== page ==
Every once in a while I will suddenly realise I have forgotten a lot more cooler things about home than I can remember. And that is a scary thought.
Sometime in February this year, during my search for a temporary apartment in Berlin, my colleague passed me this curious looking personal ad. "The apartment is full of cool vintage Bollywood posters…”, it said among other amusing things. I called the number and what I imagined was a scary man answered on the other end.
That's how I met Rob Keller, who quickly became my favorite person in Berlin. He is the opposite of scary- totally hilarious and always offering up ridiculous cultural insights with a poker face. Of course, my favorite ones are those from his Indian experiences (especially the one about Indian children being their parents' personal slave- all in good humour, of course). He visits India nearly twice a year, and is probably more Indian than I am.
One such day, as he was wrapping up a book for me to take home, he commented, “You know, Indians have this very cool way of wrapping perfectly without using any tape..” I just stared back blankly, not sure what he was referring to, and as I watched him wrap, it suddenly came to me like a deja vu from a previous life.
He was referring to the improvised little pouches made off of available paper, most often newspaper. I remember as I child I used to be mesmerised as I'd watch kiraana shopwaallas wrap dozens of grocery items deftly with their nimble fingers, one after the other. It was almost hypnotic, and soon enough I'd asked to be taught those exact folds; but never quite managed to master the cool, effortless look while doing it.
While there are no rules to fold by, the magic is in that last tuck of the triangular end- securing the contents with its zen of self-sufficiency.
I have a dozen casually lying around here and there, filled with kumkum or turmeric, staining along the edges over time, and waiting to smear some further into my purse, my bags, my coat pockets…So the thing about these pouches or potlums, as they're called in Tamil and Telugu, is so often one can't be sure what's inside. Because once you open it, it is upon you to redo the folds back again...
In continuing with my food experiments, I toyed around with the idea of sweets. The fun ones with a little surprise waiting inside- the Kajjikai, the boori (Telugu fried dessert with a sweet lentil filling) and of course, countless other International counterparts. It's that instant that you sink your teeth into the center and identify what the filling is- that's where the fun lies.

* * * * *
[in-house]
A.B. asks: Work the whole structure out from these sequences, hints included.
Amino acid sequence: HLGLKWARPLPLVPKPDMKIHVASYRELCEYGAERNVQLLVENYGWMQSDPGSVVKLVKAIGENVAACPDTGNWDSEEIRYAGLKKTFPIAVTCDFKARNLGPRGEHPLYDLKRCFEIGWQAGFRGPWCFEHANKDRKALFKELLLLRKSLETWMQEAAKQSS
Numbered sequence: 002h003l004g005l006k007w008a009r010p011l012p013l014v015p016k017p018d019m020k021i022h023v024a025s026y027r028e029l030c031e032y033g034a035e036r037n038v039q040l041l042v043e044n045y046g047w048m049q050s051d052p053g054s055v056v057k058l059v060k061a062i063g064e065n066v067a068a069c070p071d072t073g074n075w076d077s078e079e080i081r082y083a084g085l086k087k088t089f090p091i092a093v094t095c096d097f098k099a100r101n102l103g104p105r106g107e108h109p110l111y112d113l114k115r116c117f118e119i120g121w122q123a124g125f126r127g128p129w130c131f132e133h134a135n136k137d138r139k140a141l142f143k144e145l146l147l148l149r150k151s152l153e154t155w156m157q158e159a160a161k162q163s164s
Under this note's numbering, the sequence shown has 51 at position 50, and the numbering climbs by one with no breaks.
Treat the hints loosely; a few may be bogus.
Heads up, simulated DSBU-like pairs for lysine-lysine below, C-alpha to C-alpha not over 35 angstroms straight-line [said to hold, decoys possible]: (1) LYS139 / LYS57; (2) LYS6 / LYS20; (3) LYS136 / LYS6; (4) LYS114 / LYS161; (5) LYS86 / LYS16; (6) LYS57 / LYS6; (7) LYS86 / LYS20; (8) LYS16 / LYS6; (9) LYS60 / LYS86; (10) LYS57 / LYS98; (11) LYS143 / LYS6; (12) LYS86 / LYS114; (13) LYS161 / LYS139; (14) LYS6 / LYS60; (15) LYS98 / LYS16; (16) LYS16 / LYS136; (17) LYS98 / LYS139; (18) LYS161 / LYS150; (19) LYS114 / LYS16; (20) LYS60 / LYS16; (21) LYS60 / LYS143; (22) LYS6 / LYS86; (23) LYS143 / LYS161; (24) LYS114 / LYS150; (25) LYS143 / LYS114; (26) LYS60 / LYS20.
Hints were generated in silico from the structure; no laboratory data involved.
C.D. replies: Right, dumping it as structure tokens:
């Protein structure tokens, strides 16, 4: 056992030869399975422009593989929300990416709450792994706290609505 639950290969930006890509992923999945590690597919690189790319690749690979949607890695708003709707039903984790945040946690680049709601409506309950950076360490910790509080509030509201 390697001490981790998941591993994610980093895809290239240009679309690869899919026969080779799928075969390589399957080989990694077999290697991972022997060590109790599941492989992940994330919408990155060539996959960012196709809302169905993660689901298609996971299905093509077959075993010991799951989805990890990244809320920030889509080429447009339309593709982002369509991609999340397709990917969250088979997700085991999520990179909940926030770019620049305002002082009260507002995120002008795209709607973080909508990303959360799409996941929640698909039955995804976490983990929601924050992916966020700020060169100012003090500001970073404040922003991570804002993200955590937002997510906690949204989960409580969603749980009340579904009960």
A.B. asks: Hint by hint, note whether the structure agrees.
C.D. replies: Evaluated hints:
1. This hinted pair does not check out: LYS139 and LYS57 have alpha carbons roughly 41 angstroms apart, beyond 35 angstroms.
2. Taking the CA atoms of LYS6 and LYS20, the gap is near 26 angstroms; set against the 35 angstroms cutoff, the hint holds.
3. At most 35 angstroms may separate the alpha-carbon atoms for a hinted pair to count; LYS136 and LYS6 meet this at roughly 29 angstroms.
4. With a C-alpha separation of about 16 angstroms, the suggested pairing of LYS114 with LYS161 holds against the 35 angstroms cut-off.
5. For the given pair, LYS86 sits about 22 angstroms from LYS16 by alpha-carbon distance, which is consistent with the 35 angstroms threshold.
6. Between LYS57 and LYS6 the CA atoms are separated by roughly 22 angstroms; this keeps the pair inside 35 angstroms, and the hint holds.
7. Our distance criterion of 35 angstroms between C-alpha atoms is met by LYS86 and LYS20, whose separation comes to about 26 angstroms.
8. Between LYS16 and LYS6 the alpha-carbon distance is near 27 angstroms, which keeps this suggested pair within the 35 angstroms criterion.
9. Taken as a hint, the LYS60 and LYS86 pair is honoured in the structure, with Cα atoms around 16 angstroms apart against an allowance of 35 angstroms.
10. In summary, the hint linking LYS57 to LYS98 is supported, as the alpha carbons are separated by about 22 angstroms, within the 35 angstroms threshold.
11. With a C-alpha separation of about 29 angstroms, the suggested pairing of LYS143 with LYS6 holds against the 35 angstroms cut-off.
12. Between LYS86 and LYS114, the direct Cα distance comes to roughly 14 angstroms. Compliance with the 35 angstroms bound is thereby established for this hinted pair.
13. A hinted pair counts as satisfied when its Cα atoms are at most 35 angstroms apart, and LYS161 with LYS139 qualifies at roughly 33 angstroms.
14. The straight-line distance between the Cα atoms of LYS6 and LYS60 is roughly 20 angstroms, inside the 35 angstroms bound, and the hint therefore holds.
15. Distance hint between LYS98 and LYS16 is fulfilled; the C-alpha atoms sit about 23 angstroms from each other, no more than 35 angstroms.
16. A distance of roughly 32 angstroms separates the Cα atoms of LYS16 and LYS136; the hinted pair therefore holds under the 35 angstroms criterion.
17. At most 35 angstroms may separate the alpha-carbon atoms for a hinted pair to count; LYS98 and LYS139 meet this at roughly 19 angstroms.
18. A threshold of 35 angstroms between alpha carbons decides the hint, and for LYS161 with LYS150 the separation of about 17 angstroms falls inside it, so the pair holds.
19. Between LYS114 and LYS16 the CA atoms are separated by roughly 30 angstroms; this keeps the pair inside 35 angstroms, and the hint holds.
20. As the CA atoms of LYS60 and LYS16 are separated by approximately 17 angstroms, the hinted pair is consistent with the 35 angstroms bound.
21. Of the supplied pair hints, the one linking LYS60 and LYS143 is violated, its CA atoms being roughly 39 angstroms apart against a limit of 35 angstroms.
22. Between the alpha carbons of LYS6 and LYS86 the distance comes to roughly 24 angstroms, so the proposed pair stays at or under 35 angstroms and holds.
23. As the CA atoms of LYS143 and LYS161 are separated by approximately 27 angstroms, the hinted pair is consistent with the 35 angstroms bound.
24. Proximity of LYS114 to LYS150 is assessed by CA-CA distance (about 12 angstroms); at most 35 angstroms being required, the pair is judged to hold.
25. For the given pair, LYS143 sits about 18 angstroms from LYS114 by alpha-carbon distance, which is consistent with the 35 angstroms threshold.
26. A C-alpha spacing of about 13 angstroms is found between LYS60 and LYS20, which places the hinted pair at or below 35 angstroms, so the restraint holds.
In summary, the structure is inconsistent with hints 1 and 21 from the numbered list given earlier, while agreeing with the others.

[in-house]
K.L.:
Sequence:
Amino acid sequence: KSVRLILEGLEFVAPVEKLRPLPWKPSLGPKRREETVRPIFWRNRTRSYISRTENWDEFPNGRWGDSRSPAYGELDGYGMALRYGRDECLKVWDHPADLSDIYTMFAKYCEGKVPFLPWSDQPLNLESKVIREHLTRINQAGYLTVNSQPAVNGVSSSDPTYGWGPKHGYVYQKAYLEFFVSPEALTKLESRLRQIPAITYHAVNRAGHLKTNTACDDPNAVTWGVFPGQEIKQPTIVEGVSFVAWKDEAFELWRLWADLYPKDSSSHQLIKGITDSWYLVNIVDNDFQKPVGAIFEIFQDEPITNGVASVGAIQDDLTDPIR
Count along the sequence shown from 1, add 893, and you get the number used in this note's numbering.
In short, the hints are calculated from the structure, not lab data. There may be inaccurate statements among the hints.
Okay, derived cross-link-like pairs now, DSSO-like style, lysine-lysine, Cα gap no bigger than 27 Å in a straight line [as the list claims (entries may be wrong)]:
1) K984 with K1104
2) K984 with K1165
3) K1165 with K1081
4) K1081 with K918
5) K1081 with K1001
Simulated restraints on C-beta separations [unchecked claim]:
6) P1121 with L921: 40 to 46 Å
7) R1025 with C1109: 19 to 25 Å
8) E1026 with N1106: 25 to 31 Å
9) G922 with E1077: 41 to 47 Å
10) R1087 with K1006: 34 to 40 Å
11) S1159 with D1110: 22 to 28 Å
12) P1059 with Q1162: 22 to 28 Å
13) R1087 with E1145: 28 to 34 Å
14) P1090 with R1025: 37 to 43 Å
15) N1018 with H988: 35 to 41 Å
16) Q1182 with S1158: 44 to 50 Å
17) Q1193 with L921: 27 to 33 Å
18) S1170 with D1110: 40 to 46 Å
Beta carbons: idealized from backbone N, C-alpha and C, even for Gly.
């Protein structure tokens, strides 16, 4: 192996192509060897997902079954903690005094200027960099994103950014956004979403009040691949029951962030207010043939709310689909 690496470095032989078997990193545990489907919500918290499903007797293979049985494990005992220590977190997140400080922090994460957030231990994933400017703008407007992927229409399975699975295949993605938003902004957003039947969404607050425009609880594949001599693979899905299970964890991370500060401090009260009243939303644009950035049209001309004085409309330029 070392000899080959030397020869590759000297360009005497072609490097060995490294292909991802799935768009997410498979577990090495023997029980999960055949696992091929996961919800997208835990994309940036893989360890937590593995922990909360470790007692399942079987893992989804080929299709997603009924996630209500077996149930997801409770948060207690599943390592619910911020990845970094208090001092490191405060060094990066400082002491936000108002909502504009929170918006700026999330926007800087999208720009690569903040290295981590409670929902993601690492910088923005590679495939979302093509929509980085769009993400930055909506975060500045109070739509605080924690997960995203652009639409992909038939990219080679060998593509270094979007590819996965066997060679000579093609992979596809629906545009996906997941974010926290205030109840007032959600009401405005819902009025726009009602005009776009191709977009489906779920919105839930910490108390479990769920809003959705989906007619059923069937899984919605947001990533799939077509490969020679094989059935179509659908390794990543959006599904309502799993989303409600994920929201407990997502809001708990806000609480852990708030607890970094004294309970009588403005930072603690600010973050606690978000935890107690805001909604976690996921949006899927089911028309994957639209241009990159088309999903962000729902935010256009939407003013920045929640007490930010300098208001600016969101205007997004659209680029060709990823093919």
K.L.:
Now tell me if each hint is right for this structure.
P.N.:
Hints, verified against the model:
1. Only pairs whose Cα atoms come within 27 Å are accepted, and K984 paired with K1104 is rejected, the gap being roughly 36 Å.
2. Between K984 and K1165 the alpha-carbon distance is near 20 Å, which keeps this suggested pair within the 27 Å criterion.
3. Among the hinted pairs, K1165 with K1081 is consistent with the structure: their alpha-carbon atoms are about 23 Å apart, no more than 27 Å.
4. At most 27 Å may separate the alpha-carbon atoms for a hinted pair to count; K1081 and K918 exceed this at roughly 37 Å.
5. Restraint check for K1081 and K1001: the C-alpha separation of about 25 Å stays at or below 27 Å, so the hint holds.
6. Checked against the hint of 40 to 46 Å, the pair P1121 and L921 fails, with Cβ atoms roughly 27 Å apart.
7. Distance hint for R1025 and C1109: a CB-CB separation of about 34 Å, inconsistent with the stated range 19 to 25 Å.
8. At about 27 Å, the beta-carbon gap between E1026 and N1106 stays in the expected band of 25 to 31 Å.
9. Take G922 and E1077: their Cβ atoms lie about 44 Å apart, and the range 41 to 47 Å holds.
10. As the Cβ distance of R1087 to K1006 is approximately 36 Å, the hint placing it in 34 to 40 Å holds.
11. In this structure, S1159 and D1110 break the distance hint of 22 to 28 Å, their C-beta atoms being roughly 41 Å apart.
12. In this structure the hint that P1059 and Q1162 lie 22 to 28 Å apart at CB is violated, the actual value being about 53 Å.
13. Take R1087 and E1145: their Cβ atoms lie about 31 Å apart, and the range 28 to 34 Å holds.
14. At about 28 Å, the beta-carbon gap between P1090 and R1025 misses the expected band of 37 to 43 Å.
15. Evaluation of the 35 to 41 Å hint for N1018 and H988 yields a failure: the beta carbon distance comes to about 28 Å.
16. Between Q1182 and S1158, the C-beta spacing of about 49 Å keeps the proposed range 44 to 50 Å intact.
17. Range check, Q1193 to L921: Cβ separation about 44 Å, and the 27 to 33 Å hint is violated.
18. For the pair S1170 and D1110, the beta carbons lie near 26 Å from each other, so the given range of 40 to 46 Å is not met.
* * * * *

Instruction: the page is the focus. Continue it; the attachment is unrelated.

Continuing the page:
So I set about trying to turn this unassuming, modest packaging into its own thing and give it its own limelight. Candy you can eat whole, with the wrapper on. Edible packets with mysterious insides...you won't know until you pick one and try.
I wish I didn't have to tell you what I put in these things, because it has to be a surprise, after all. But I am going to, anyway, since I would love more suggestions on great combinations. After experimenting a bunch of times with boori, chocolate, chopped mangoes, strawberries and nut butters, I figured that a thicker consistency would make these candies last longer, unlike with the eventual sogginess of chopped mangoes (sad). I also had to improve the boori filling to be less watery and more dense by using condensed milk for sweetening it, in place of sugar and water.
So, here they are, the fillings I used for this batch:
Homemade fig jam with coconut
Boori filling- Lentils cooked with jaggery and cardamom
As you might guess, I was looking for a newspaper-like quality for the "wrappers", and tried everything from pastry dough, very thin cookie dough to rice paper to achieve the folds and subsequent baking. Some came out like biscuits and totally lost their charm, the rice paper honestly looked a bit strange; so the final winner was spring roll sheets! Thin, easy to fold and quite forgiving to my not-so-nimble fingers.
By the time I was done wrapping a dozen, I felt a little like the kiraana waala myself, except I was trying hard to remember which ones the chocolate filling went into.
It was fun packing these little guys, but I was missing the colourful, somewhat kitschy and at-random character of potlums because of how the paper is always improvised and never the same. So I kind of improvised here and decided to give it an abstract ode. A quick date with some Johannisbeeren and Blaubeeren (practising my kindergarten-level German here) later, I had "dyes" to smudge my potlums in.
I felt they were still missing a punch, so saffron got me there.
I love how the dyes laid over each with their transparencies, and it brought me back a tiny bit of the excitement of screenprinting and textile dying that I have been away from for too long now!
Ten minutes of baking and they were done. Crunchy outsides with a random flavour inside, plus a tinge of berry like a bonus.
As silly as these potlums sound, it's exactly these cool little quirks that I love about home. It seems so easy to forget these trivia from the everyday and let the memory of being in India slide into a mere caricature of a few stereotypical elements.
I joked to Rob before he relocated to India that he should start sending me a recorded series of his continued insights. They're absolutely the best! Often, it takes fresh eyes to bring you closer to things you stopped noticing and spark off new ideas. Rob, I am waiting for your next pearl of wisdom!